Exhibit to Tell Ginning History At Memphis Meet Ginners Schedule 3-Day Convention To Start Monday MEMPHIS, Tcnn.—An exhibit- tracing the history of pinning irnm crude equipment used in Asia centuries ago to elaborate plants which can process as many as three bnlrs hourly—will be the principal attraction of a three-day program here. March 10-12. Every pljn.sp O f cotton processinc, from the field through the mill, Kill be Included in discussion* dlir- i Ing the three-day joint annual con-! . versions of the Tennessee, and Ar- ! kansss-Missonri dinners Assoda-; tions, and many of these steps willi be demonstrated Bt the Mirismilli' Gin Supply Exhibit, held In con-' Junction with the meeting. i W. Kempcr Brulon. Blythevillc", j Ark., general chairman ol the ex-1 hiblt. in announcincr the program I also pointed out that an all-cotton ' style show for women guests is be.- Ing scheduled and that visitors to the pin supply exhibit will be en- terlafned by one of the Midsmith's most popular hillbilly bands. Lowenstcin's, Memphis department store, is sponsoring (lie style show at the Skywav, Penbony Hotel, Tuesday. March 11 at noon. Ralph S. TriKn. Deputy Administrator. Defense Production Administration. Washington, will be the principal speaker on the opening day program at the Casino Build- Ing, Midsouth Fairgrounds. The second day's session is scheduled In Ihe same building with Robert C. Jack- Bon. Executive Vice President. American Cotton Manufacturers Institute. Washington, delivering the major speech. Jack P. Criswell, Memphis, Na- Livestock Men Warned About Disease Little Rock — Livestock producers were alerted today against a serious reproductive disease of cattle and sheep which now appears to have spread to every state in the nation. The disease, vlbrlontc infection, lakes a heavy toll of livestock prof- Its through breeding failures, according to Ihe American Foundation for Animal Health. "Vihrionlc infection Is caused by a tiny perm which nHacks roa-s and ewes, causing sterile animals or the loss of calves and lambs" tlie Foundailon reports. "Diagnosis is difficult, a vlbrlon- Ir. injection can eally be confused with other cattle and sheep breeding diseases such as brucellosis, trichomoniasls, salmonellosis. pas- leurellosls and llsterlosis. For this reason, when owners have breeding troubles In their herds, they should have the animals Riven blood and cultural tests. Tf the veterinarian finds the trouble Is yibrlonlc Infection, steps can then be taken to deal with the problem on a herd basis, "Bulls and rams are believed to be the chief spreaders of the disease. New cows and ewes should be (ested. too. Safely measures include segregating heallby animals from the Infected ones, and guarding against the spread of the. disease." H.D.CLUBMEMOS fcy Mr.. Gertrude B. llnlima* (Horn* Demonstration Agent) Poultry J-.1VS Mrs. O. R. Redford of the FlaJ, Lake Home Demonstration Club proudly reports on her chickens. She keeps a good record nn (hem, so she knows that chickens pay. Mrs. Redford says that she purchased 75 white leghorn chickens and raised 78 to maturity—a few extras were Included. She and her husband have eaten snine of the chickens but she has 50 layers nmv. Her chickens started laying at four j months, five days. They were In full production in August. The average number of csiiiS received ]|r day during the winlei months was 28-30 eggs. To date she has recclv- ! eel 353 dozen eggs from her fifty i hens. • Mrs. Redford knows the import, ancc of proper rare and feed for I her chickens. She feeds them complete ration pellets which she keeps before them all the time. She also keeps oyster shell and clean water before them. During cold weather she warms the water and keeps the liens in the laying house. Community Improvement The first state-wide community Improvement leader conference is set (or March 10 and II at the Marion Hotel In Little Rock. We would like to stress that this Menu of Summer Meals Best Guide for Garden Schedule To prepare a production schedule for a Liberty garden Is a matter of arithmetic. Take carrots, for example. How often do you serve carrot* to your family? Once a week, twice a week, or three times? It should not be hard to decide that. The harvest of carrots from a single sowing will last In top condition at least eight weeks. During that tlonal Cotton Council, will serve as moderator for a panel discussion "HnrvcstliiR and Handling Cotton for Quality OitmlnR." listed on the program for Monday morning:, March 10. On Tuesday morning, March 11, Dr. C. R. Sayre, Scott, Miss., chairman. Production and Marketing Committee. National Cotton council, will preside as moderator for Ji pane), "Ginning and Packaging Cotton for Quality Spinning." Read Courier News Classified Aris. SEE ALL YOU GET in For LESS than Any Other Leading 2-Plow Tractor!* low Firsf Co* • low Operating Cost • Good Service Everywhere ' Parts Always Avoiloble . Mod.rn D.,i gn on d Engineering • Quality dear Through • Top Value At Trode-ln Tim. S&S TRACTOR CO. It2 No. Franklin Phone 8D51 DIMOIKTilATlON I* r *. rr mod " nRowCr ° ptra « orflect »"« fir,l° W> 7 u"u 88 "' J '' S an id "' Uni ' f " r ™« ntrat ed farmmg . . for the b, E « m V jobs when speed « v « doll, n . WorUn" I ^ '" mmissinn P™ >'"» ' Poetical »orl.ng p.-,, for any f arm op Eration _ from 1.Z m. p. h. v,-,th rcgular-sued tires. You have ' Ch ° 1 " of en 8 ;ni = typ« for the fuel you prefer . . . and such 5peda| equi , J§ the D lr e« Drive Pouer Tjlce-Off and s.lf. »«ui«d belt pulley. Then, there', the com">«<«>!« new »eat. FARMER'S IMPLEMENT CO B. F. Brogdcn 515 E. Main E. B. Woodion Phone 6129 YFA Chapter Begins Drive For Members The Rly(hcvi!le chapter of the VOUIIK Farmers of Amerioa this officially launchrcl its 1952 membership drive with 100 ppr cent of veteran on-the-farm trainees ns goal . Homer Wilson, new pre-sklcnt, of the Rlythei'ilJe chapter and reporter for the stat« organization, siud that, the local chapter currently has a membership of 49. There are GO on-the-!arm trainees no* attending elates at Blythevitle High School. Mr. Wilson was elected president of the group last week. Other offl- cer.5 elected were Garland Mcody, vice-president; John Howard, treas- mcrtfi)g"r«"being ncM'prSnwril/for ! " rer ancl Tip Hol »ns™rth, report- leader training. The prosrnm has! ,, ..... been set up with an eye tn ev.i'il- I Wilson said that a* state nthiR what we have already do'ne'""'"'''"' hl> llas bec " aliened ad- nnd looking ahead to what we hone i vls<>r ' or YPA chapters in the to do in Hie lutiire. j .>.i..u-.:st Arkansas areas. His tcr- Wc hope that each cnmmiiintt r ' tfl i.v. he said covers 10 countie-s. will )>nve representatives at this Hc ls '" hcI P chnpwrs in this area Important meeting. Hoth men and j in an anvisory capacity and help new chapters in organizing. Mr. Wilson said that, thr lilythe- ville cliajiter has appointed a committee Io contact seed and fertilizer dealers In thus area about co- "ive hiiyins and that the crmp- women are urged to attend. ' RcBlstration will he by districts at the Marlon Hotel beginning at 10 a.m. Among (hem, the planets In the solar system have 31 moons. It's Wasteful Stretch Window curtains are due for sprlnj? cleaning shortly. A sale way lcr ls "'tempting to obtain use of to launder curtains Is to enclose I '' ''"'Ming nt Blythei'ille High them In laundry-size mesh bags— I Sch ° o1 «' a warehouse, four to n bag and two tines to a ' washer load. Use plenty of lukewarm water and a (rond detergent and run the machine only the few- minutes necessary to remove soil. Rinse thoroughly. Nylon, orlon and spun curtains need no reshaping or stretching an frames. Cotton and rayon marquisettes, howr-ve.r come out well if dried on stretchers, but cannot be stretched to their original size because laundering causes shrinkage. Tests have been made showing curtains to split when shaped to original sra. The curtains shrink most. In the first laundering but shrinkage continues with several successive launderings. Loads rvf I.fit nee Lettuce has long been the favorite salad green because of Its good looks, crisp tender texture and mild flavor. Americans eat lettuce because they like it—and they've been entinu ;»qj(f ilid..more of It for the past 30 yoSiis" In 1!!1B only BOW carloads of commercially - grown lettuce were shipped to market, compared with about 100,000 last, year. The average American now uses, n pounds of lettuce a year compared (o 5 "i pounds in IOIB. When a bip. head of lettuce sells for a dime—the price in ninny retail markets lately—it's a treat for the pocketbook as well as the table. One great virtue of lettuce is that it makes so many different and nutritionally valuable foods appetizing. Just by keeping company with them. Thus, lettuce has encouraged the use of more raw fresh fniiU and vegetables in salad. To step up vitamin C in meals this month, how about citrus salad — lettuce and sliced oranges o. grapefruit segments server! with a dressing marie with lemon or grapefruit Juice? Most Accidents On Farms Occur In the Mornings Some Jnlxs nrc more danccrous thnn nthcrs and now It appears thnt sonii> times of the rtav arc more dangerous than others. C. E. Stov- cns. Jr.. (arm eiiRincor nt. tlin University of Mtamiri. says recent studies show tta! most, rnrm accident.*; tnke pl.ire about 10:00 ft.in. Alter ten or lon-tliirty the accident rate poet do™ ncnin. Mo,=t safely experts blnme operator [a- ttpie — Just setting tired In other wortis. Alter that, they say you eel your second wind und aren't nearly- so likely to eel hurt- nest euro or protection the safety expert.* say Is a ten-mlinite res! tn the middle of the mnrninsi and acain in the middle of the afternoon. Real Esfate LOANS • Commercial • Residential • Farm Best Service—Best Terms TERRY Abstract & Realty Co. 213 Walnut Phone 2381 period, say. you wJJl serve carrots sixteen times, or twice a week, A row r>f carrots two feet long will provide an ample serving for the average family. So your first aow- Ing of carrots should b« 32 feet long, This fthoulri bp followed by 2 ser,- ond sowing, timed tn mature when the first crop has been harvested; anri three sowings should *et you through the reason, so far as table' use Js concerned, If you win estimate Ihe number of family servings each week you evpfcl to use of fill .short-harvenl vegetables, you can figure out the number of sowings, and the length of row for each, from the data In the accompanying table. This lists the vegetables, of which several «owlnft& .should be made, and plves data to enable you to plan successive sowings, and also the space which will be required for each rrop. In order to produce enough for family needs, without waste. Column 1 gives the time each harvest lasts from one sowing, and fn Column 2, the space to plant in the garden row. to provide one serving for a family of four. Data on days to table size ts given !n most seed catalogues for every vegetable variety. Early varieties of lettuce will be ready In 40 days; while late head lettuce may tnke 90 days to mature. By sowing early and late varieties at the same lime, you can have a longer harvest. This is advisable for sweet corn, because late varieties do better iti Ififc summer and enrly fall weather. But this practice requires nore space, si ruse the slow matur- .ng varieties occupy soil which could be used for something elrc. if a succession of quick growing crops were sown, Peas, lettuce radishes and spinach will not do well in July ai) J early August, so do not plant the?e j crops to yield in hot weather, bull sow them for early summer and' fall harvests only. All the others i should be sown two or three times. J or more, with the last sowing tim-: ed to mature before killing /rests 5 arrive. Do not follow a leaf crop, seed crop or root crop with nne of the. HERE NOW! 1 LIQUID PETROLEUM ECONOMY WITH THE WORK OUTPUT OF GASOLINE MASSE Y-HARRIS The Massey.Harris 44 L.P. Is custom designed and taclory built for efficient ope ra iion on I,.P. luel And because il is built as a complete L.P. unit, Ihe 44 LP give. you the some high-power rating a* lh« 44 Ga»— the same bell and drawbar efficiency In addition you get the economy of operating on low- cost fuel and Ihs low engine upkeep lhal re«ull« from •ho use ol dean-burning, high-octane L.P. "Your Mossey-Harris Dealer" 61 IMPLEMENT CO. N. H,ghway6l Phon. 2142 same class; but UK * different! type, to avoid disease and soil ex-l haustlon. I Before sowing a second crop, dig! up the soil and apply plant foodl • gain. 2 pounds to 100 square fectT or 100 feet of row. m THE MAN TO KNOW The man to know Is (he mechanic who knows how to care for your car ... and .to?* bis best ! In repair It right! Vou'll /inrl Ihe besl service fur your car at T. I. Seay Motor Co. Trj us. T. I. SEAY MOTOR CO. Chrysler-rijnuith Dealer Ml B. Main Phone J12J TRACTORS & FARM EQUIPMENT I have for sale at all times several tractors and equipment.. .both new and used ones. They inelud* John Deere, Farmall, Fords and other makes. B« sure to see me before you buy or trade because I ma.v be able fo,save you some money. Terms can be arranged and I will trade for most anything yo« have. REGISTERED DUROC HOGS I also have several good spring Duroc boars and several bred gilts. These gilts have been bred to a son of (he IflSO Grand Champion of Illinois—the son of the 19f>0 Junior Champion of Nebraska. DONALD CROWE F. C. CROWE MULE BARN 1 Mile Southwest of Braggadocio, Mo. Voull get fiiore for your money in a 2-pJoiy MCormick* c Mora ye«r-'round utility. McCormick Farm- sH C stars at all jobs on all crops. There's a complete line of matched McCormick implements . . , every machine you need for every crop you grow, Mor» convenient u». When you cultivate, for instance, you watch the forward-mounted gangt while you face comfortably ahead. No tiresome twisting and turning. Mor« eompl*t* hydraulic control. Farm- nil Touch-Control lifts and lowers tractor- mounted implements with a fingertip touch. But that isn't all! It holds planters and cultivators to their work. And it gives you selective control of left and right gangs or delayed lift of rear gangs. More power at the drawbar. Farm*.II C weight is distributed to give top-notch performance with both pull-type and mounted implements. 54-inch high wheels have big ground-gripping surface. More rldfng comfort. Your ride is cushioned by upholstery, by spring mounting, and by a hydraulic shock absorber. You sit up out of the dusc zone, away from engine best. ^ Mor« yeorj of Mrvlc*. More lhan a million farmers have found that Farmalls itay dependable year after year, and that parts met service can alwayi be had at reasonable cost That's why so many early Farmalls arc still io regular use. It's why Farmall* htve inch high trade-in value*, too. It's •nsr to buy a McCormiek Farmall C. With the Income Purchase PI»o you can pay for it while it earns money for you. Ask a* to show you— right in your own fields— what i Farmall can do for yotx, r*tjlit*fwd frorf* mark* #( I DELTA IMPLEMENTS ~~ BLYTHEVIUE,ARK. FOR SALE! Ammonium Nitrate 20V2 Per Cent For Information and Prke, Call WEST MEMPHIS COTTON OIL MILL WEST MEMPHIS, ARK. Phon« West Mtwpnis, 84 Phoni MempHta, 6-4049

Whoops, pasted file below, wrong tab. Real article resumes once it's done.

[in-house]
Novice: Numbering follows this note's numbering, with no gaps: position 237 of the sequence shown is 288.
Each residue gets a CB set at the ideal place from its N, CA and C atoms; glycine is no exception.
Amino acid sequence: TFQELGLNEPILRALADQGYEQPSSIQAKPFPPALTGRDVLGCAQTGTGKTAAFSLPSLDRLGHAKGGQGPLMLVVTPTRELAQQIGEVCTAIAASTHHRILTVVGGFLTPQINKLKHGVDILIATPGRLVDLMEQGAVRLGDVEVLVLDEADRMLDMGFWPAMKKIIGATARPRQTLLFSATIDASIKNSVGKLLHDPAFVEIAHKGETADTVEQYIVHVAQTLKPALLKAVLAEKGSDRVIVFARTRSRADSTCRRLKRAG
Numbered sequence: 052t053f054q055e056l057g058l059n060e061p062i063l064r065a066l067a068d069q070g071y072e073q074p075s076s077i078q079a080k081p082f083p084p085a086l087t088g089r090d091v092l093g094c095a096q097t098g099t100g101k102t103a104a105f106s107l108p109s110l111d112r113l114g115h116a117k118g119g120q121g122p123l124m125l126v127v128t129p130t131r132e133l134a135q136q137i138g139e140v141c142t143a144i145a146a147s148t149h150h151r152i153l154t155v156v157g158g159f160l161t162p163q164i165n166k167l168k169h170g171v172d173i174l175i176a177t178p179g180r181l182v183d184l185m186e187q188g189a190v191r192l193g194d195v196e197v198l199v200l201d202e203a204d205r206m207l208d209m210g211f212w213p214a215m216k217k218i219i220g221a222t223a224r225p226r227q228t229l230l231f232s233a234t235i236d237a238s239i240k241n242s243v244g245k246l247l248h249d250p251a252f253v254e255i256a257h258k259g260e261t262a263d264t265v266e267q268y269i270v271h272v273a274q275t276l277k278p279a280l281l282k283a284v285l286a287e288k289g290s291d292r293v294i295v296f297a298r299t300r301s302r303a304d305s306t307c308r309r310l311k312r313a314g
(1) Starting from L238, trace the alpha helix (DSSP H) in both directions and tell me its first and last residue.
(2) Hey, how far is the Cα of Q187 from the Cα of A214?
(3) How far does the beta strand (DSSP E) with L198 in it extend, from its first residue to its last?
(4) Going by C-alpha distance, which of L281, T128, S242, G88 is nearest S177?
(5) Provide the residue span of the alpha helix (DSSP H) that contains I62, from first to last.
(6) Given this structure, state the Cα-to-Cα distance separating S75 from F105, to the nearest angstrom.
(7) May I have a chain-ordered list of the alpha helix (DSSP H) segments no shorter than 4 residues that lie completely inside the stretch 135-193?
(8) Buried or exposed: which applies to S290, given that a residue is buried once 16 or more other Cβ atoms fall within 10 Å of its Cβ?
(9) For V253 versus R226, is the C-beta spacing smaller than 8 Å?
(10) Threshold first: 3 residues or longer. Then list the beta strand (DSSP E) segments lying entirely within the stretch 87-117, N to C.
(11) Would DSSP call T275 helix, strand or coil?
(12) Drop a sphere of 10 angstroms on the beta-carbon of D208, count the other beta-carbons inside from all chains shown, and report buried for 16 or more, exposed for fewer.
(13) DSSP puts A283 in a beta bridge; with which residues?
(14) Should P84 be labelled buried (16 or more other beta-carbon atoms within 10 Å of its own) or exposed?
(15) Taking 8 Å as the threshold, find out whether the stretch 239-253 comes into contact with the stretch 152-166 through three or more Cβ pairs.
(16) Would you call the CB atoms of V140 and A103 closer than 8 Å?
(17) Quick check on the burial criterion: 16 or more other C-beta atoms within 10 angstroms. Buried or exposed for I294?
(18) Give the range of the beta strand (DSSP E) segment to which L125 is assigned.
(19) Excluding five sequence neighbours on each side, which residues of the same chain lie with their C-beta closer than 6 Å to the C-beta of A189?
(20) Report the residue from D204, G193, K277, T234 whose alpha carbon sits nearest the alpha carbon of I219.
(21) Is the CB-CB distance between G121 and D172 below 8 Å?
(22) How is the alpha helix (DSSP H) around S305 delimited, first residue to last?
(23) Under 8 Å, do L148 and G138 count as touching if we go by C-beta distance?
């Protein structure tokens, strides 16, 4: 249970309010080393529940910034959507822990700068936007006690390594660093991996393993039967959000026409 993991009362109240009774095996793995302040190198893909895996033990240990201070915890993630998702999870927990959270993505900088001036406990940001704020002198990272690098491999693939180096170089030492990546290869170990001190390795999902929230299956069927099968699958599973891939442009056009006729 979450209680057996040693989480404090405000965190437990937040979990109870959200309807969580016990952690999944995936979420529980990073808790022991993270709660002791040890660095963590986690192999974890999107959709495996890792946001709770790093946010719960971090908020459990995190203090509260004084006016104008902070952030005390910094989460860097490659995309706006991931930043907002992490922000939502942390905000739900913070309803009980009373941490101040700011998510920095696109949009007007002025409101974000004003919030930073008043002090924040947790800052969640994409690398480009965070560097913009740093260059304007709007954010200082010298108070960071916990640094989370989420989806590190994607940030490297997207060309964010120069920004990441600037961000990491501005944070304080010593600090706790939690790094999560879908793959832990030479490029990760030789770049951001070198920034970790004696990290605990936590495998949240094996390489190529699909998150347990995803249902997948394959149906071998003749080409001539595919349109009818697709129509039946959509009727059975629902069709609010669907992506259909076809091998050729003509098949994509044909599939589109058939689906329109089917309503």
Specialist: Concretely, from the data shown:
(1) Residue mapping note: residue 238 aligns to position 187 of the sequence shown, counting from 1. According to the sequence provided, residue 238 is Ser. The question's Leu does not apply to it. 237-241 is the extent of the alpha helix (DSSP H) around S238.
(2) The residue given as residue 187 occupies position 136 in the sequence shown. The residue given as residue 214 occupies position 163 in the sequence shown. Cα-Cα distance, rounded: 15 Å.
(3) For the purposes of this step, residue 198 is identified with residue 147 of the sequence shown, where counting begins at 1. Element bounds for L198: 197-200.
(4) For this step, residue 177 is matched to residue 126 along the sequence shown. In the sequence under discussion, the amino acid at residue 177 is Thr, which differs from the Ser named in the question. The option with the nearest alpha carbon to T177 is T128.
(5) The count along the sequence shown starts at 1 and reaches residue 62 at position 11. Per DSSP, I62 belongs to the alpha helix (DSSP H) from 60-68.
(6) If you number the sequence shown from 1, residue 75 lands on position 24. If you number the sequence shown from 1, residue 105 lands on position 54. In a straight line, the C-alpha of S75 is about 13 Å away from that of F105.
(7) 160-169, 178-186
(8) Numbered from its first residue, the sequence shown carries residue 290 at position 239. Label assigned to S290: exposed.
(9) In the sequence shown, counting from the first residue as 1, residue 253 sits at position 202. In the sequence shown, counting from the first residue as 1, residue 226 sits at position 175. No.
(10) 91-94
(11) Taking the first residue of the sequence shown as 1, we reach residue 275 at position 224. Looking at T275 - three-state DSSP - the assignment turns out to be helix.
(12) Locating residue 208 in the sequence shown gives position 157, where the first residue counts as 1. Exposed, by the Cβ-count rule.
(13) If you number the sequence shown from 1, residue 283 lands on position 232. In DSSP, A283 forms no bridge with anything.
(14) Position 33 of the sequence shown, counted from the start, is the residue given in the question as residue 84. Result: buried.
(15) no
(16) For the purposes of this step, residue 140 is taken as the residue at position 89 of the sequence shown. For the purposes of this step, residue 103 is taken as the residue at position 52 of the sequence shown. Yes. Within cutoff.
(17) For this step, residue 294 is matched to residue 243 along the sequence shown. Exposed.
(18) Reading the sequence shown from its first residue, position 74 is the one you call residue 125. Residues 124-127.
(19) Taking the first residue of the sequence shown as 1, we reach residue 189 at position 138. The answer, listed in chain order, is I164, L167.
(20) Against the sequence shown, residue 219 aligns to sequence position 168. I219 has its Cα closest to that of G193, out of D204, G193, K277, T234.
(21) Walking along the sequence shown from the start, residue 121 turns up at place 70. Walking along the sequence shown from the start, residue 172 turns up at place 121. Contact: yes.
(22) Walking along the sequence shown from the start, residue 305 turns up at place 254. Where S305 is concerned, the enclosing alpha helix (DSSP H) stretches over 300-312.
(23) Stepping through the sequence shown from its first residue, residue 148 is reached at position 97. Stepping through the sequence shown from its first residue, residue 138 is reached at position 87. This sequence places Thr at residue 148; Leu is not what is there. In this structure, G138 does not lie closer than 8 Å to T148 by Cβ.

What members have found on this page

Get access to Newspapers.com

  • The largest online newspaper archive
  • 8,600+ newspapers from the 1700s–2000s
  • Millions of additional pages added every month

Try it free